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5 Mistakes to Avoid When Starting Your Own Business

Thinking about becoming a midlife entrepreneur? Read this first.

By Kathleen Rich-New and Richard M. Schulze Family Foundation and EIX

Launching a business in midlife can be fulfilling and lucrative, but too many first-time entrepreneurs make big mistakes in the process. It’s no wonder that 80 percent of new companies fail in the first three years.

After studying successful businesses and ones that have flopped, I’ve discovered there are five common errors made by startup founders; I call them rabbit holes. If you’re thinking about launching a company, you’ll want to avoid them:

Mistake No. 1: Not having a why  that’s bigger than your but.

You must have personal clarity around the why of your business before starting it — the reason for pursuing this dream. Otherwise, you’ll likely be stymied by excuses for not forging ahead – the “yeah, buts” (such as yeah, but I’m not sure how to do this) and will find yourself giving up before achieving success.

Your vision for your enterprise needs to burn brightly in your mind and tug at your gut. If it does, you’ll then be able to view pesky startup problems as minor irritations.

Gene Kranz, NASA’s flight director for the harrowing Apollo 13 flight, told Mission Control and the world “failure is not an option.” That must be your motto, too.

Mistake No. 2: Assuming banks will lend you money.

Since the success rate for new businesses is low, many banks are reluctant to back new ventures. They’ve become especially restrictive on lending since the financial meltdown.

Some community banks, however, specialize in making loans to self-employed professionals, like lawyers, doctors and dentists.

Typically, the only way you’ll be able to get a loan for your enterprise is by pledging as collateral the equity in your house or your investments or other assets. If your business fails, however, the bank will own the collateral.

You should expect to finance your business through personal savings, using your credit card, opening a home equity loan or selling some assets.

Estimate how much you’ll need to support the business and still cover your personal expenses for up to three years. (It can easily take that long before turning a profit.) Then, add an additional 50 percent to that figure, because things rarely go as planned for launches.

For example, the opening of one client’s urgent-care medical clinic was delayed two months because of government inspection holdups. But the clinic’s employees had already quit their old jobs and needed to be paid during those two months, even though no money was coming in.

For advice on financing your new business, you might want to work with a free expert consultant from SCORE, the nonprofit resource partner of the Small Business Administration that’s dedicated to educating entrepreneurs and helping them succeed.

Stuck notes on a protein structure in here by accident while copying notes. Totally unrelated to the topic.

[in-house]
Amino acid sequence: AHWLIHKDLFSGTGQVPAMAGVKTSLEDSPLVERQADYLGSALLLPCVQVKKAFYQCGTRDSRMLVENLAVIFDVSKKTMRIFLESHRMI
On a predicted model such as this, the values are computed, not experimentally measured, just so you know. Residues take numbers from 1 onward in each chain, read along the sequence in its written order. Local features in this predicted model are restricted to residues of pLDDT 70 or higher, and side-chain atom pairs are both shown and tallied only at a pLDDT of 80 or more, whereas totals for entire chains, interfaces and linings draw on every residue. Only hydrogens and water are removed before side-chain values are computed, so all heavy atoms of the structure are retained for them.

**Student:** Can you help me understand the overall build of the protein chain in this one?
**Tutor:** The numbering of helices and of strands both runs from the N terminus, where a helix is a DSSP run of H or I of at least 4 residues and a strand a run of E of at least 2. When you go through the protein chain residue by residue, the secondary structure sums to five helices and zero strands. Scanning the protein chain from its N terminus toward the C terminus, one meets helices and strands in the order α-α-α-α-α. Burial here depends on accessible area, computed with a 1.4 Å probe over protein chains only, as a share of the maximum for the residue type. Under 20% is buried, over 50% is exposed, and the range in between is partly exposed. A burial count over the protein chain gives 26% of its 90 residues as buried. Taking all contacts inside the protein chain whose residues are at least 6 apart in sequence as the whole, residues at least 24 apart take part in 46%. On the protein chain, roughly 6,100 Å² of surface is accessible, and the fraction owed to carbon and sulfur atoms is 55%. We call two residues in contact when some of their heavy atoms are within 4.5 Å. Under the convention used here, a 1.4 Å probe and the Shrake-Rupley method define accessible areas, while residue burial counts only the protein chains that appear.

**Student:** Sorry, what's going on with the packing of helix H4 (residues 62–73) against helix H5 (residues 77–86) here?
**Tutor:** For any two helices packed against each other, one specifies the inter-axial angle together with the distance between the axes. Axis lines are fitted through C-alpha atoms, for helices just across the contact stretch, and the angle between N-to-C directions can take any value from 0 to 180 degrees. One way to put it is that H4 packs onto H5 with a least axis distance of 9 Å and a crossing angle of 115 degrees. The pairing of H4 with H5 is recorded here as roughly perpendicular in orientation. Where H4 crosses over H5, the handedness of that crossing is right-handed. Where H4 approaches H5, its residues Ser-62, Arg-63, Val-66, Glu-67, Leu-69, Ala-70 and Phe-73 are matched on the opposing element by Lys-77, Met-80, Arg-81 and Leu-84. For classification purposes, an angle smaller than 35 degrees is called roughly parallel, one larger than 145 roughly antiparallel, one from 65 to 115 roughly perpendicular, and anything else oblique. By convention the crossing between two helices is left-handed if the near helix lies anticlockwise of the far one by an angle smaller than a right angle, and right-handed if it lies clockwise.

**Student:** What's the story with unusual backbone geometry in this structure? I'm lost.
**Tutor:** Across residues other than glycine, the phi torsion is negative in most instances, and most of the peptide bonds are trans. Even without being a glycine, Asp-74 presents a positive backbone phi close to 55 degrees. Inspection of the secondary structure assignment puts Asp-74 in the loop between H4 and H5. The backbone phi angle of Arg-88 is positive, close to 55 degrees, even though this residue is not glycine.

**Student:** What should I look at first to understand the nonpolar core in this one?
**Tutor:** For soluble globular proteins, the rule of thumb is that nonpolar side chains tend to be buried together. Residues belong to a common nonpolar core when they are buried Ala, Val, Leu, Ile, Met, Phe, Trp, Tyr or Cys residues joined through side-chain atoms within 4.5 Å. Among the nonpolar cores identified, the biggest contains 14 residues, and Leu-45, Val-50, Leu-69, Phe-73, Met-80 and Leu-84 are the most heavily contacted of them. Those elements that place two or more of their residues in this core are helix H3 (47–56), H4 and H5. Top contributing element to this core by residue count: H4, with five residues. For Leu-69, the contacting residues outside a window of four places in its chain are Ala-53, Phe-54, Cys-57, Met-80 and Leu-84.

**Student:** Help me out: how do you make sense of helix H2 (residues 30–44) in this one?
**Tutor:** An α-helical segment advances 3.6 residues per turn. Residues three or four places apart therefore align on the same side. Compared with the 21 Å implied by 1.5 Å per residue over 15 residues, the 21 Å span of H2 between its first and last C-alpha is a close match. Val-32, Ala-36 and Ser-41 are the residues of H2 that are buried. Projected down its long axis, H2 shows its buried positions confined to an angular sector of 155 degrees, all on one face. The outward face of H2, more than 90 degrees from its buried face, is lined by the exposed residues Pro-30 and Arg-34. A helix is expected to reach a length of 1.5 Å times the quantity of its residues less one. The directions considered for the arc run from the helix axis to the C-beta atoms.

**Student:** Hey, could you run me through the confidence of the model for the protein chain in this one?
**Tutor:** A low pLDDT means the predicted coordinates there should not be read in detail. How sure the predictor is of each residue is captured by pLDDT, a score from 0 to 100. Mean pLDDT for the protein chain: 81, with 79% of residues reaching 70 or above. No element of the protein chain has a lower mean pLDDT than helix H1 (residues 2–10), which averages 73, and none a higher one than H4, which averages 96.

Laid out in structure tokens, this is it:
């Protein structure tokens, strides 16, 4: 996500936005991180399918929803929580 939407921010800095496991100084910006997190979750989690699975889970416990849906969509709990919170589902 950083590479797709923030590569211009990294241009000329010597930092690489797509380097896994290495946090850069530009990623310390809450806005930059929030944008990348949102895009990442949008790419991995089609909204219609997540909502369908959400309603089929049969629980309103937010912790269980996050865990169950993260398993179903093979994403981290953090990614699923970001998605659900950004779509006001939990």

Mistake No. 3: Assuming customers will automatically find you — and buy.

For some reason, many first-time entrepreneurs forget this key fact: To succeed, you must be able to sell what you’re offering, whether it's products or services.

Potential clients have already established their buying habits and chosen their service providers. You have to woo them away from their comfort zones, offer compelling reasons to make a switch then exceed their expectations so they’ll keep coming back.


So, spend some time diligently identifying your ideal customers and determining how to sell to them.

People buy for two reasons: to avoid pain or to gain pleasure. If you find their pain and can fix it, you’ll earn their business.

If you plan to enter the skin care business, “anyone with skin” is not your client. You’re actually looking for people over 45, who are concerned about wrinkles and feel a need to look younger and fresher. Go after them to fix their (figurative) pain.

Mistake No. 4: Starting a business without a clear exit strategy.

Figuring out how you’ll eventually unload your company when you haven’t even opened it may sound odd. But it’s important to begin with the end in mind. This way, the decisions you make about growing the business will be more likely to attract investors who share your exit strategy.

Many new entrepreneurs don’t think about how they’ll recover the time and money they’ll put in. They just figure everything will work out in the end. But if you assume you’ll easily be able to sell your business whenever you’re ready to move on, you’re wrong. Only about 10 percent of businesses that are put up for sale actually get sold.

The rest go begging because they’re either not profitable enough to attract a buyer or their owners don’t have financial documentation to establish what they’re worth. (The Next Avenue article “3 Mistakes to Avoid When Selling Your Business” can help you develop a smart exit strategy.)

Mistake No. 5: Not getting buy-in up front from your family, spouse or partner.

Your loved ones will be affected in a variety of ways when you start a business, so you’ll want and need their initial and continued support.

After all, there could be stress regarding the money you’ll be pouring into the business. Vacations may not be possible for a while. And you probably won’t be able to stop working at 5 p.m. each day or have every weekend free.

Starting a business requires an all-the-time mindset and lifestyle, at least in the beginning. The more everyone you care about understands this, the more likely your business will succeed and your relationships will remain intact.

Kathleen Rich-New is the author of Plan B: The Real Deal Guide to Creating Your Business and president of Clarity Works Consulting, a human resources and executive coaching firm. Her website is Read More
Richard M. Schulze Family Foundation and EIX
By Richard M. Schulze Family Foundation and EIX

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